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Local school districts pleased with ratings

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Posted: Friday, October 1, 2004 12:00 pm | Updated: 3:13 pm, Wed Aug 15, 2012.

By Wendy Gragg

Killeen Daily Herald

Officials were celebrating at Killeen and Copperas Cove school districts Thursday with the release of the 2004 school accountability ratings.

Both Killeen and Copperas Cove Independent school districts re-ceived an overall rating of Recog-nized under the new, more rigorous state accountability system.

The ratings, released for schools and school districts across the state, came on four levels Ex-emplary, Recog-nized, Academ-ically Acceptable and Academical-ly Unacceptable.

The 2004 ratings take into account scores from last years Texas As-sessment of Knowledge and Skills, middle school dropout rates and high school completion rates.

Exemplary districts and schools have a 90 percent TAKS passing rate for all students, student subgroups and a 90 percent passing rate for all special education students who took the State-Developed Alternative Assess-ment. Exemplary districts also needed to have 95 percent or more students and student subgroups complete high school. Exemplary schools with seventh- and eighth-grades needed to have an annual dropout rate of 0.2 percent or less.

Recognized ratings require a 70 percent passing rate on TAKS and SDAA and a high school completion rate of 85 percent or a seventh- and eighth-grade dropout rate of 0.7 percent or less.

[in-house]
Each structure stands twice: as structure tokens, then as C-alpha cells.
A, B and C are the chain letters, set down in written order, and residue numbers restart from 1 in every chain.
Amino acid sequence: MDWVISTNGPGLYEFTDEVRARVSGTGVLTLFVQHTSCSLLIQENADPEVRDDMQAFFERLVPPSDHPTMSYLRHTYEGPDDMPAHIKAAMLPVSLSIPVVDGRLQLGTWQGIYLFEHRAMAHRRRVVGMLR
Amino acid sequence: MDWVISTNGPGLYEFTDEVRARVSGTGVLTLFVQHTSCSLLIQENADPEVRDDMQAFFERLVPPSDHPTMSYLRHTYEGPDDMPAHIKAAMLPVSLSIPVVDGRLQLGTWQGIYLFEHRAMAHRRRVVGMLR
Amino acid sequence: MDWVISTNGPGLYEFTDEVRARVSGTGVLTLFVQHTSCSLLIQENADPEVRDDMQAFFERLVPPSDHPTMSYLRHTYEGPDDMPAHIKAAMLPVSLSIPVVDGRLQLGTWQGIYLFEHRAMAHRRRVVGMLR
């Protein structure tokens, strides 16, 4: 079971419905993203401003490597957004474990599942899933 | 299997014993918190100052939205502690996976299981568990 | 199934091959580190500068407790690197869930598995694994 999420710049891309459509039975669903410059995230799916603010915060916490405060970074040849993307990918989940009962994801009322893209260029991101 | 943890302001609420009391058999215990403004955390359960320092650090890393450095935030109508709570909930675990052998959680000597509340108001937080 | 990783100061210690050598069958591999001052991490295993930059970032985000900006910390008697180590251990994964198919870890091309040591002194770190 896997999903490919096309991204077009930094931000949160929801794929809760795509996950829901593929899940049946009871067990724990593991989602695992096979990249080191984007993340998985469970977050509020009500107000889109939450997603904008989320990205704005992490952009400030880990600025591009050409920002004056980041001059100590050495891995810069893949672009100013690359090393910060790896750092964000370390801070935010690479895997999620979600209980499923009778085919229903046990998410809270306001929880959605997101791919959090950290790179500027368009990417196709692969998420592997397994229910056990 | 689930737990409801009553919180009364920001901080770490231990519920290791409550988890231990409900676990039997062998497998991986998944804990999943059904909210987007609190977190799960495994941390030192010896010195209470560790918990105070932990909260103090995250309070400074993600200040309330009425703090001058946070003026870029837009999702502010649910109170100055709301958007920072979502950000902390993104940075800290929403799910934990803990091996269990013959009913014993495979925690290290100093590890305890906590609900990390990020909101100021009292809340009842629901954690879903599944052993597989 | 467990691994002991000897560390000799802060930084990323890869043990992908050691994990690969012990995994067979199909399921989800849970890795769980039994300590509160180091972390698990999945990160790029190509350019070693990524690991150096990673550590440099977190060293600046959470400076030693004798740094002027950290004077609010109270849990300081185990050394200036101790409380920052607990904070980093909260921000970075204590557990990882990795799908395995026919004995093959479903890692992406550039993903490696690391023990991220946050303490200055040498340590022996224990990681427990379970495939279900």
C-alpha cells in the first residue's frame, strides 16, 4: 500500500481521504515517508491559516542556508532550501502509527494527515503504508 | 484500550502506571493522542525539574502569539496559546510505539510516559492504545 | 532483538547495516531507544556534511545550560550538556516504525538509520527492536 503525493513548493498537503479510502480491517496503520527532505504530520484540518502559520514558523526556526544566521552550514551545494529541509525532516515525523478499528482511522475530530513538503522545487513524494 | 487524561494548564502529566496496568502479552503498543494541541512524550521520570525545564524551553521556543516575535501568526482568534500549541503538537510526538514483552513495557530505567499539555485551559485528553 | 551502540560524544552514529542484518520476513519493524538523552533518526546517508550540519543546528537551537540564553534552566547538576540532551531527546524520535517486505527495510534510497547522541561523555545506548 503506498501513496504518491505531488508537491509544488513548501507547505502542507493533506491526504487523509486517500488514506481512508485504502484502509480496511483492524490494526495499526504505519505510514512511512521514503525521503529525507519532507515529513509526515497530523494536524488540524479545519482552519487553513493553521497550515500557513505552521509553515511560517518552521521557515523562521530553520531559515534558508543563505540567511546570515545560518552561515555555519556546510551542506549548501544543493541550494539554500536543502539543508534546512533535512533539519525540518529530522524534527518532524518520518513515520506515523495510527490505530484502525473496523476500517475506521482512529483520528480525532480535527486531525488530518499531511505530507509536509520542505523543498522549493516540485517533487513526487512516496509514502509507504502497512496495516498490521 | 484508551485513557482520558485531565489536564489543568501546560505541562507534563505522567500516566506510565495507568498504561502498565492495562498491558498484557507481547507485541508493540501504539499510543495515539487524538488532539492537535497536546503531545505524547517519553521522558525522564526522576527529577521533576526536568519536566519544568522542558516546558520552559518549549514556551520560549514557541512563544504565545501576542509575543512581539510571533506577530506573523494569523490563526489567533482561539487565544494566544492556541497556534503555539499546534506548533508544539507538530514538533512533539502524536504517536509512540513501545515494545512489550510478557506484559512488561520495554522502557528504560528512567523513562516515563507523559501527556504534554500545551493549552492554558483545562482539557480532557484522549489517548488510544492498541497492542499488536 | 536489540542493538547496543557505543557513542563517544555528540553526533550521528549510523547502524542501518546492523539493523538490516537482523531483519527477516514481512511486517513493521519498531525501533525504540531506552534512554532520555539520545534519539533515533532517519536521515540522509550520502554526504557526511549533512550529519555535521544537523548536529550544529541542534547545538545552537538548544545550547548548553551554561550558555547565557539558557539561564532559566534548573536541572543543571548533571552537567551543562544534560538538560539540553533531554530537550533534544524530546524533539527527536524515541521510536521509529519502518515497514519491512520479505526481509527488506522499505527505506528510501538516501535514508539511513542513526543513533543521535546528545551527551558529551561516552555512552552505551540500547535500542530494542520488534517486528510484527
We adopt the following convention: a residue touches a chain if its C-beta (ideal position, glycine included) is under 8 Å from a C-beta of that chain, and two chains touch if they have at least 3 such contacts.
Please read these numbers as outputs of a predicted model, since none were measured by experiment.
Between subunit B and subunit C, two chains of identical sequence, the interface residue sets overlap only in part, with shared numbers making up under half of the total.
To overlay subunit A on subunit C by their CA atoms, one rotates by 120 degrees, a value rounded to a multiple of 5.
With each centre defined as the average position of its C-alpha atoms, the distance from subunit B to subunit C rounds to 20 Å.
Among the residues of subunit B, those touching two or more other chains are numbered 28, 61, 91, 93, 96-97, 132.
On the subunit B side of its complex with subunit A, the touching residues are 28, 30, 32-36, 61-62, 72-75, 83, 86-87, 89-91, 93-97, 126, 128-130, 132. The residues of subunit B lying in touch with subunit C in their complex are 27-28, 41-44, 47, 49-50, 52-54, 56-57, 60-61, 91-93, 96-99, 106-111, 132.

Academically Acceptable ratings are defined by a passing rate of at least 50 percent on TAKS reading/English language arts, writing and social studies exams. A passing rate of 35 percent is required on math and 25 percent on science. Academically Acceptable also means a high school completion rate of at least 75 percent and a seventh- and eighth-grade dropout rate of 2 percent.

Academically Unacceptable campuses and districts fall below the criteria for Academically Acceptable.

Copperas Cove ISDs campuses and central office were buzzing Thursday afternoon with excitement from the districts performance. CCISD not only kept the 2002 Exemplary rating that two of its schools had, but Mae Stevens Elementary School also took the top rating of Exemplary.

We are excited, excited, excited over here, said principal Becky Kirkland. We wanted our exemplary flag back.

Mae Stevens held the top title three years ago and has been working hard to bolster its math TAKS scores in order to reclaim its status. Kirkland said it has taken one-on-one work with the help of parents and soldiers from the schools Adopt-a-Unit, the 13th Signal Battalion, to accomplish the improvements needed.

We had soldiers out here right up till the time they deployed last year, she said.

Kirkland said her heart goes out to the schools who missed the Exemplary rating by just a few points.

Were just hoping next year it will be all seven of us, she said.